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Cracked Spine Book Suggestion: Wool

November 7, 2011 at 10:27 am by  

Here, Now — Since we are trying to get back into the groove with the book and movie suggestions, it wouldn’t be right if I didn’t point you guys towards our very own Hugh Howey’s recent novelette titled Wool. We get emails from time to time, asking about Hugh’s whereabouts, from people unaware he had changed professions. He is no longer our resident troll and site co-founder, trading all that to become an author.

Full disclosure: Hugh and I go back more years than I care to mention. I admit this because I don’t want anyone assuming that because of this, I am willing to forego journalistic integrity (lol!) so that a good friend can make some coin. I’m no shill (sometimes to a fault in regards to this site) and I take my recommendations seriously. I know what it feels like to waste time with a bad movie or book because some jackass got a free copy and repaid the creator with a blowjob disguised as a glowing review chock full of bullshit.

Ok, I’m bordering on protesting too much, but I did want to get that out of the way in case anyone was wondering. Here’s Wool‘s official synopsis:

Thousands of them have lived underground. They’ve lived there so long, there are only legends about people living anywhere else. Such a life requires rules. Strict rules. There are things that must not be discussed. Like going outside. Never mention you might like going outside.

Or you’ll get what you wish for.

The story begins as our main character prepares to emerge from beneath the ground and find out, like his wife did before him, what lies outside the underground silo he has lived in his entire life. I can’t go into too much more detail in regards to the story’s plot, as to do so would ruin it. But I will fill you in on a little background that should give you an idea of Wool’s setting.

When Hugh was in between books, he began kicking around an idea of a story concerning a society living underground after some kind of catastrophic surface event. If memory serves me correctly, he came up with this idea after seeing the missile silos you could buy and live in if you had the cash. Being that he’s a sci-fi writer with a twisted sense of humor (as some of our members here can attest to) he took this concept and came up with Wool.

It’s an easy read, clocking in at a lean 68 pages, that most of you should be able to get through in one sitting. Unless you feel harassing the jurors in the Casey Anthony trial is kosher, then it might take you a few weeks. I keed, I keed. Point being, Wool contains no filler and perfect for those of you who are looking for an entertaining read on a Saturday afternoon.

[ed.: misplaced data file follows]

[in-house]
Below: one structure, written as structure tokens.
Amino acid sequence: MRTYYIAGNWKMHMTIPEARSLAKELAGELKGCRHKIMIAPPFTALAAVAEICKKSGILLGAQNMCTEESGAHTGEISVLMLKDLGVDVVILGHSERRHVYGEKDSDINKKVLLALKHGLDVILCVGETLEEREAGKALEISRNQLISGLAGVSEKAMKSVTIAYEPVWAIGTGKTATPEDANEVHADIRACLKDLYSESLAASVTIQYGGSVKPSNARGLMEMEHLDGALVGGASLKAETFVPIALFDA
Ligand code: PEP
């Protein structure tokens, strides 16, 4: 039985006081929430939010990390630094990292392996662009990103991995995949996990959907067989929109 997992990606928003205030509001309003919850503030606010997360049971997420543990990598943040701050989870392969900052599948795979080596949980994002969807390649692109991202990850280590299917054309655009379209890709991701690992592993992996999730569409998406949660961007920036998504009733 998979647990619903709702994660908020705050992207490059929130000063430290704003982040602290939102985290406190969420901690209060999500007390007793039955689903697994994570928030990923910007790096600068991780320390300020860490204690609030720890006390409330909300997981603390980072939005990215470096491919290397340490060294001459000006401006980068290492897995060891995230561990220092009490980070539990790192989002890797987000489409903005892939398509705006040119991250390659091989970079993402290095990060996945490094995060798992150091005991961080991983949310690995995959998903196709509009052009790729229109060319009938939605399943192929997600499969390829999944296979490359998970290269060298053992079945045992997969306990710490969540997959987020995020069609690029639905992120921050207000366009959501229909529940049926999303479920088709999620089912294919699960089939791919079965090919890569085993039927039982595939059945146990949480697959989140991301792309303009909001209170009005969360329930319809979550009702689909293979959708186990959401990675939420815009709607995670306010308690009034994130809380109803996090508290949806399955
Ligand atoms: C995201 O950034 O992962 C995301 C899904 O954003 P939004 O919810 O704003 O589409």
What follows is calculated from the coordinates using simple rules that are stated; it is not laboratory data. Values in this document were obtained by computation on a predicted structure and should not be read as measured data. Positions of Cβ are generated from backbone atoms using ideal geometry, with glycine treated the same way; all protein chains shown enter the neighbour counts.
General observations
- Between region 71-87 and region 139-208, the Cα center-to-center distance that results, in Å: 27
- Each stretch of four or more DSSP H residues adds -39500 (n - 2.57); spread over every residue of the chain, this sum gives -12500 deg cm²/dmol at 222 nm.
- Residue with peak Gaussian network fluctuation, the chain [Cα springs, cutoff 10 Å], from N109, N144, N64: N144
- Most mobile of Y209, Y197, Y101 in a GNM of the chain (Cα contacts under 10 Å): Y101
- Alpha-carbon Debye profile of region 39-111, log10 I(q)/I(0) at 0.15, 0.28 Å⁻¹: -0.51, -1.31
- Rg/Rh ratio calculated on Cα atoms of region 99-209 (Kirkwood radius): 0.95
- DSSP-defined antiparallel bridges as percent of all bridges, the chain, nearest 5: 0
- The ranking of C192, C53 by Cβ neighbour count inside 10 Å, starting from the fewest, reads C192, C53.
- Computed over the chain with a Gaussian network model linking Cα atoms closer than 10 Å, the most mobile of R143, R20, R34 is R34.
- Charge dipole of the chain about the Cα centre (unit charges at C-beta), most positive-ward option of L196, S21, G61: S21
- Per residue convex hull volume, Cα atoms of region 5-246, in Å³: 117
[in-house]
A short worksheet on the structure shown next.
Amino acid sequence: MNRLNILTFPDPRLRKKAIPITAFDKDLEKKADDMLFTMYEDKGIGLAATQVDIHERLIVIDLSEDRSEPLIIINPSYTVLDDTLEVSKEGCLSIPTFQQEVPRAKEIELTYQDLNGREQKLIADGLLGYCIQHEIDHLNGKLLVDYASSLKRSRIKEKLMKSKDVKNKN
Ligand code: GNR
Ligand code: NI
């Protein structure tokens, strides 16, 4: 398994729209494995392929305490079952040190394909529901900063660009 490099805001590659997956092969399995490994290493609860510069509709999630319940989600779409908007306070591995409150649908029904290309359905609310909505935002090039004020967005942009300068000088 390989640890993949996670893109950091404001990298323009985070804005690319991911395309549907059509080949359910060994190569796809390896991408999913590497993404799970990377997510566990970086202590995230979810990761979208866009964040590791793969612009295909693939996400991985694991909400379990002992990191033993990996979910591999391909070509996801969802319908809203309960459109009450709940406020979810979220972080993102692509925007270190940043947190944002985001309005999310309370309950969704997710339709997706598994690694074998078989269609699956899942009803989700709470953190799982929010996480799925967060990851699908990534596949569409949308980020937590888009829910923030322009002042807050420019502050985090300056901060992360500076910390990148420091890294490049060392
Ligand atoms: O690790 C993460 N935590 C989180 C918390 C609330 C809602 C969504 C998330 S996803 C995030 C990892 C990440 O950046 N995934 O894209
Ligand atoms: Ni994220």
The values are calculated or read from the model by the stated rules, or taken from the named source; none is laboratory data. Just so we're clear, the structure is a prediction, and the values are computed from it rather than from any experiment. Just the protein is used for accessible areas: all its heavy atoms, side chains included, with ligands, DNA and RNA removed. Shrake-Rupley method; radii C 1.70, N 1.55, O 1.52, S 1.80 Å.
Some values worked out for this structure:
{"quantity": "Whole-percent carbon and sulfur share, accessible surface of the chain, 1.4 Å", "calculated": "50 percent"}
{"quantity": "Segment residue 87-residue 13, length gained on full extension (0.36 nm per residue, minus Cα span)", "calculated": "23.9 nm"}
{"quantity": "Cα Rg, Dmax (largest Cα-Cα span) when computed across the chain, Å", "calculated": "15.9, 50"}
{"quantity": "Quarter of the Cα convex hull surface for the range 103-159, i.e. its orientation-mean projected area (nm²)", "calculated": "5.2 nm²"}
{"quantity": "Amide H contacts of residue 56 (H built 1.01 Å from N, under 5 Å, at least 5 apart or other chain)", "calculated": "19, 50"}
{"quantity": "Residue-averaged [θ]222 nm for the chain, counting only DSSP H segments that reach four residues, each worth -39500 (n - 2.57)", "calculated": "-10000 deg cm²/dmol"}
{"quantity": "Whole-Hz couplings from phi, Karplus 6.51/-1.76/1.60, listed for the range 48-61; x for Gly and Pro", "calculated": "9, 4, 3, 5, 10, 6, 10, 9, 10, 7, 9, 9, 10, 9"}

Admittedly, I am not a fan of reading sci-fi so if any of you are in the same boat, don’t let Howey’s past library fool you. I’m not front paging Wool because it’s Hugh’s book — he has others I have not reviewed, including the highly praised Molly Fyde series, as they are not within DD’s scope. I’m posting it because on top of being a good read Wool should satisfy anyone else out there who, like me, loves post-apocalyptic settings and has a tendency to lean towards anything with schadenfreude elements.

The best compliment I can give Wool is that I was hooked in the first pages and plowed through the remaining to get to an ending I was already aware of. That, D’D readers, is the sign of a damn good story.

The only thing close to a complaint I can come up with is that I wish it had been longer. Maybe the endgame wouldn’t have worked as well as it does had it been, but I would have really liked to learn more about the society inside the silos, and the factors that make some in society obey the rules that govern them while others test them. Who knows, maybe there are other silos out there in Howey’s universe that he’ll visit, or maybe even revisit the one in Wool.

Regardless, check out Wool and let me know what you thought. You can pick up the paperback for the low, low price of five bucks, or grab the Kindle edition for a dollar. I have imagined Hugh going on to do a lot of successful things in his future, so becoming an author isn’t a surprising profession. But I never imagined he’d end up having his own tag on D’D. Not like this, anyway.

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